Read the whole thing. Go Bengals?
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Toward the end of Aaron Powell's discussion of 'post-liberalism' there was introduced the term 'intentional communities'. To me that expressed better the idea I labeled enclaves, where people more or less retreated from the broader society enough to set up their own institutions, like the 60s communes but not so isolated. That came out of my experience moving into a Black neighborhood when I got married and seeing up close how Black families lived in a segregated society. I also learned the LDS missionaries do not always go door knocking but set up housekeeping and allow neighbors to see how well they live and begin to inquire about their habits and values.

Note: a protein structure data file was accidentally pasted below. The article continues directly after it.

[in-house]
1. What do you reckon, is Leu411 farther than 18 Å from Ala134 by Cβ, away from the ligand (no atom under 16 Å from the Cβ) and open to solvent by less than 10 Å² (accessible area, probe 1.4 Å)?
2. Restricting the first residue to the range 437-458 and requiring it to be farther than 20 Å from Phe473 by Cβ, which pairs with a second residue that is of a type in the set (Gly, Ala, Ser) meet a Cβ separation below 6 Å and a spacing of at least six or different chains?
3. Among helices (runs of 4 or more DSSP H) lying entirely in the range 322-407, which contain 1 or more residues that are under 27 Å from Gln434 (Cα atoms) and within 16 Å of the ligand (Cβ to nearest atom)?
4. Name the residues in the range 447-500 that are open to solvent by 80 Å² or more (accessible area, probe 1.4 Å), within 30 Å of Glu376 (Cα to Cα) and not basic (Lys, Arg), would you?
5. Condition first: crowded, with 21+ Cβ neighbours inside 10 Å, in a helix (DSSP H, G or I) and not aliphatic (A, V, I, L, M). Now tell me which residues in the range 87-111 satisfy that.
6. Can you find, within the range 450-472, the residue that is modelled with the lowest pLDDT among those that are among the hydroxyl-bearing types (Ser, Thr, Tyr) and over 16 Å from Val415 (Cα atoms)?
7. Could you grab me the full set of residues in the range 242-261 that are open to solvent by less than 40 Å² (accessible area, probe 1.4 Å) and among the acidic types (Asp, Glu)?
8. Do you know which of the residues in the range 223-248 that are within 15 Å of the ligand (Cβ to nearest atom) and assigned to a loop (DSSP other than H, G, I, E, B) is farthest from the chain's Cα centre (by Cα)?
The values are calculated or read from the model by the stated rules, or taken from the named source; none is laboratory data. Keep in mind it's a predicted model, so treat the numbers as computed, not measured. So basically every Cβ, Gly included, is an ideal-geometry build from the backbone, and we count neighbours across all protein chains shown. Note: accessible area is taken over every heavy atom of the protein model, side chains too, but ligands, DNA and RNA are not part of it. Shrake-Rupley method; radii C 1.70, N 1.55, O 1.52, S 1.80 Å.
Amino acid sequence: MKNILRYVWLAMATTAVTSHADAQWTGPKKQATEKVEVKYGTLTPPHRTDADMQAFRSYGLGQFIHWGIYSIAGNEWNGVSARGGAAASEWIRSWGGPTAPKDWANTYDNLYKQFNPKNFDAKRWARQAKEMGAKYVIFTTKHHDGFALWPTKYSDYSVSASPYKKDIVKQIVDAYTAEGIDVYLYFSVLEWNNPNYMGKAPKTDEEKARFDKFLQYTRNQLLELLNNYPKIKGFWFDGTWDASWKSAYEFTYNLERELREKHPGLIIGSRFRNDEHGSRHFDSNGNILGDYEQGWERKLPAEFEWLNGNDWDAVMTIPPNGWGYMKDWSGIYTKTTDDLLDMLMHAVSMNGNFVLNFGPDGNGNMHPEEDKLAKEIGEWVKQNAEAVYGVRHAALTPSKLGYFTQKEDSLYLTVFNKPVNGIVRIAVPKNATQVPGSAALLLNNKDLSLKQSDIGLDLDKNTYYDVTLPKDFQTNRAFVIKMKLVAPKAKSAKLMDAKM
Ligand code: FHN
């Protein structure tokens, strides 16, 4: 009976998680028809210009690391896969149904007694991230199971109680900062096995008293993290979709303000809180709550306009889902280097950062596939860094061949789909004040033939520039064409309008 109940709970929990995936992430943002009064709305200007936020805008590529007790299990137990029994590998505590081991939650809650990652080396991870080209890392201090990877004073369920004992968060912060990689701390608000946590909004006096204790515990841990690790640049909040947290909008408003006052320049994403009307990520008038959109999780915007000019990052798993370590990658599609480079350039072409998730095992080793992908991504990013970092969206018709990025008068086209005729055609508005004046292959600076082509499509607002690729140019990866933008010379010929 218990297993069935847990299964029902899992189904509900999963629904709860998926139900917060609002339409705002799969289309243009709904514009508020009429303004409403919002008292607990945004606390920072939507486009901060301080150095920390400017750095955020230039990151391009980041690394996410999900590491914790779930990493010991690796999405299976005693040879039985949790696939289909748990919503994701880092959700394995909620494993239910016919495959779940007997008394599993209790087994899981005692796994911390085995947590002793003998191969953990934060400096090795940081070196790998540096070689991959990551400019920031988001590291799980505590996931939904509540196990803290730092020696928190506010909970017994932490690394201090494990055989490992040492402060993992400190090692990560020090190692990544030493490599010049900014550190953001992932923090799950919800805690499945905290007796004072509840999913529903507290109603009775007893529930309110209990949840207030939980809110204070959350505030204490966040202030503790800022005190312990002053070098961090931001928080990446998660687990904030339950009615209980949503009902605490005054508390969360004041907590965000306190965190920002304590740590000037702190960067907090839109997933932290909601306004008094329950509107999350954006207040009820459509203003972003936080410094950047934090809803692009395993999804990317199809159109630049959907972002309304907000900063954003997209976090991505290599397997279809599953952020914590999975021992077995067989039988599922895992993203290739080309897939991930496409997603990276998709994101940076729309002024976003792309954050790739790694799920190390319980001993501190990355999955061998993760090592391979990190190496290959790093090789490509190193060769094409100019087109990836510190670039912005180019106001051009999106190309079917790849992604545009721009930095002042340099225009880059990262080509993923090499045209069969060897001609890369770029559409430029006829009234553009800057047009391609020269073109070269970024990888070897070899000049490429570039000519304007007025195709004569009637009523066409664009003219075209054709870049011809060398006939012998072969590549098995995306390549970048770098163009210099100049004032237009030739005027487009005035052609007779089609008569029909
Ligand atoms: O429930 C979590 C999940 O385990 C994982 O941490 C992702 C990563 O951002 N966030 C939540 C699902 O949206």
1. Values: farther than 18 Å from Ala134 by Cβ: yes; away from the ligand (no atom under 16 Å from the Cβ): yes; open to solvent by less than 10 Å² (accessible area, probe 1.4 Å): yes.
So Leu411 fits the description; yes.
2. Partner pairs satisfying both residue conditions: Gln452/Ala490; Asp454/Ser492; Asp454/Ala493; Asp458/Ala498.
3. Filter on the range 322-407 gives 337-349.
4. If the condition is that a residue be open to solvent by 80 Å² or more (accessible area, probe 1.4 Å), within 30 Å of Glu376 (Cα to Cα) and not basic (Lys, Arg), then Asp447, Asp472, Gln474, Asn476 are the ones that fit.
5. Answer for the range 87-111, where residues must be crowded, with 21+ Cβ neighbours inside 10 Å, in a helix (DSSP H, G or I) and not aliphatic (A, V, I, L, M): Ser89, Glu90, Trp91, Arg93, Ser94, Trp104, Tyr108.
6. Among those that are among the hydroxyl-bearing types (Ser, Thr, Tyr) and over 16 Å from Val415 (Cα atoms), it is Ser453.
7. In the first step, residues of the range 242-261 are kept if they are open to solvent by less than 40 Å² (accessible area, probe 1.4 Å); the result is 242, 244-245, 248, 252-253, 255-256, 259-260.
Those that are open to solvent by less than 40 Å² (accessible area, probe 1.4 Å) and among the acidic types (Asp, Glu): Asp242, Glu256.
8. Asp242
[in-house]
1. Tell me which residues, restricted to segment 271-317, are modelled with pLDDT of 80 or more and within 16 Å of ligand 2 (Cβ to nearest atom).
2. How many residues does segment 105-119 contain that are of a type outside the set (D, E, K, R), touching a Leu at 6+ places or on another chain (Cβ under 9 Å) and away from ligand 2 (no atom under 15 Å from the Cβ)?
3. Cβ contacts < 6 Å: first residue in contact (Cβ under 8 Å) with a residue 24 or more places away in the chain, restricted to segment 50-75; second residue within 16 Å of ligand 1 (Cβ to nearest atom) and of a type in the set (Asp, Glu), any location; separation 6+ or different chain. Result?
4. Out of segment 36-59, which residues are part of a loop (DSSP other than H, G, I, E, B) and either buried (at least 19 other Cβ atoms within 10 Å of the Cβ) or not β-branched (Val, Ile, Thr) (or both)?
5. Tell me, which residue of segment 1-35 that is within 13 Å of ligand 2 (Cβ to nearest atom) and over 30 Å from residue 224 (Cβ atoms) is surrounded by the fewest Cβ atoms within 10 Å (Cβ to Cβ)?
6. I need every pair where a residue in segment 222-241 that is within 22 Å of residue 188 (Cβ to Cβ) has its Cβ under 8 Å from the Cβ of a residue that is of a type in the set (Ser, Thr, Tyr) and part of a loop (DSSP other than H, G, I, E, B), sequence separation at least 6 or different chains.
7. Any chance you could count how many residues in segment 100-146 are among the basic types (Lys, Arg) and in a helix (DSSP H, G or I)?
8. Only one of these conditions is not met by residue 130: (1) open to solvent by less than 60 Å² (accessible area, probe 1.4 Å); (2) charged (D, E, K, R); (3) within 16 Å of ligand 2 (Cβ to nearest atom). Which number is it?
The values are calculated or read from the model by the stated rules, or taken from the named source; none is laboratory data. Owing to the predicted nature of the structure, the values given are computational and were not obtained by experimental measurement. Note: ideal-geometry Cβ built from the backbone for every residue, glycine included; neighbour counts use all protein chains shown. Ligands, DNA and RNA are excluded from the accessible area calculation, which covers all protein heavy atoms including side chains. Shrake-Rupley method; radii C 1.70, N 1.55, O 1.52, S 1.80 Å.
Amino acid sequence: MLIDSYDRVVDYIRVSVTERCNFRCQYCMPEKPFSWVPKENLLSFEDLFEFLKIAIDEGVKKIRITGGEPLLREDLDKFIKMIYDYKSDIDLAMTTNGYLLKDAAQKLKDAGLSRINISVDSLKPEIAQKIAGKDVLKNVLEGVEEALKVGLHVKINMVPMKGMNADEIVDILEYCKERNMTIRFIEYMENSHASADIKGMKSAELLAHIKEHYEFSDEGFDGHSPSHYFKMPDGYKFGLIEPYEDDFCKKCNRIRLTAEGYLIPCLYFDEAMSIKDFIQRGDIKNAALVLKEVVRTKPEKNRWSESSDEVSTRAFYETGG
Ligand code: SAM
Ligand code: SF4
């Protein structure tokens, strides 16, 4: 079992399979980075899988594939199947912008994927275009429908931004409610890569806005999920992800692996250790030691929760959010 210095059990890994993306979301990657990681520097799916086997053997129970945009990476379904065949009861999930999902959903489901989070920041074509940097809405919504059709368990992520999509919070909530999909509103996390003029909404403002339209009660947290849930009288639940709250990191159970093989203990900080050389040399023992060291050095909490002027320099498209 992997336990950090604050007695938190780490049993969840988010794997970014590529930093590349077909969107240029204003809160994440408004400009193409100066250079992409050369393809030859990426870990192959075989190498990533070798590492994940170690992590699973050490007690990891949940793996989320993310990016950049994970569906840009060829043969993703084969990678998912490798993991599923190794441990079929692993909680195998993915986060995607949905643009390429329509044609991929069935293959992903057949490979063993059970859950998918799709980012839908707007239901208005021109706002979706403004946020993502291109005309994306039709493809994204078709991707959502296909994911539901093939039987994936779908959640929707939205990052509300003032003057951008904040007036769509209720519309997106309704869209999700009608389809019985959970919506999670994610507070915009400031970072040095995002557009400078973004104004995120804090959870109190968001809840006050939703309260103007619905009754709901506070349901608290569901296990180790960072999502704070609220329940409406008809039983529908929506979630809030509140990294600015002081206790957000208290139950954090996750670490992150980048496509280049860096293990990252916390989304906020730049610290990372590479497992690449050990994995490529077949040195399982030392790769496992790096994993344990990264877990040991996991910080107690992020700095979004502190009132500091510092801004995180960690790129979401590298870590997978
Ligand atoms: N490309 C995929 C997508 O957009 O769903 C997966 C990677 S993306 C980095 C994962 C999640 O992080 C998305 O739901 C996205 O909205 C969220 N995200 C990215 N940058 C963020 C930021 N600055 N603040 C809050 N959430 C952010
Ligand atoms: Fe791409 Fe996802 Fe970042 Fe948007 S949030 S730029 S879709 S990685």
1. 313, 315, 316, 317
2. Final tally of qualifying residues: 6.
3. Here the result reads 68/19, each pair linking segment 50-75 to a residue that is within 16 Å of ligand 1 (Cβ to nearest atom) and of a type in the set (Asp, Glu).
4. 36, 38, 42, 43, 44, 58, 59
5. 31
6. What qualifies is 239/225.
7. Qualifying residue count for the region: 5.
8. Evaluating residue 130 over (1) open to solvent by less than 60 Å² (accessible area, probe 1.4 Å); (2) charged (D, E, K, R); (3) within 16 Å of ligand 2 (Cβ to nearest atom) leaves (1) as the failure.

It is complicated but intriguing and bizarre people like Integralists muddy the waters.
“How the fuck did liberals convince ourselves that you can beat cancer by doing dumbbell curls? You cannot.” See Figure 3 of Sabel MS, Lee J, Cai S, Englesbe MJ, Holcombe S, Wang S. Sarcopenia as a prognostic factor among patients with stage III melanoma. Annals of Surgical Oncology 18(13): 3579, 2011. It shows dramatic effects of psoas muscle morphometry and survival in stage III melanoma patients. This research group at the University of Michigan has shown similar effects of psoas measures on other cancers as well. The psoas is a "core" muscle that would have benefitted from Justice Ginsberg's core exertice routine. Since you are such an oncologic genius and so dissmissively certain there is no association between musculoskeletal morphometry and cancer survival, please explain Figure 3 of that paper.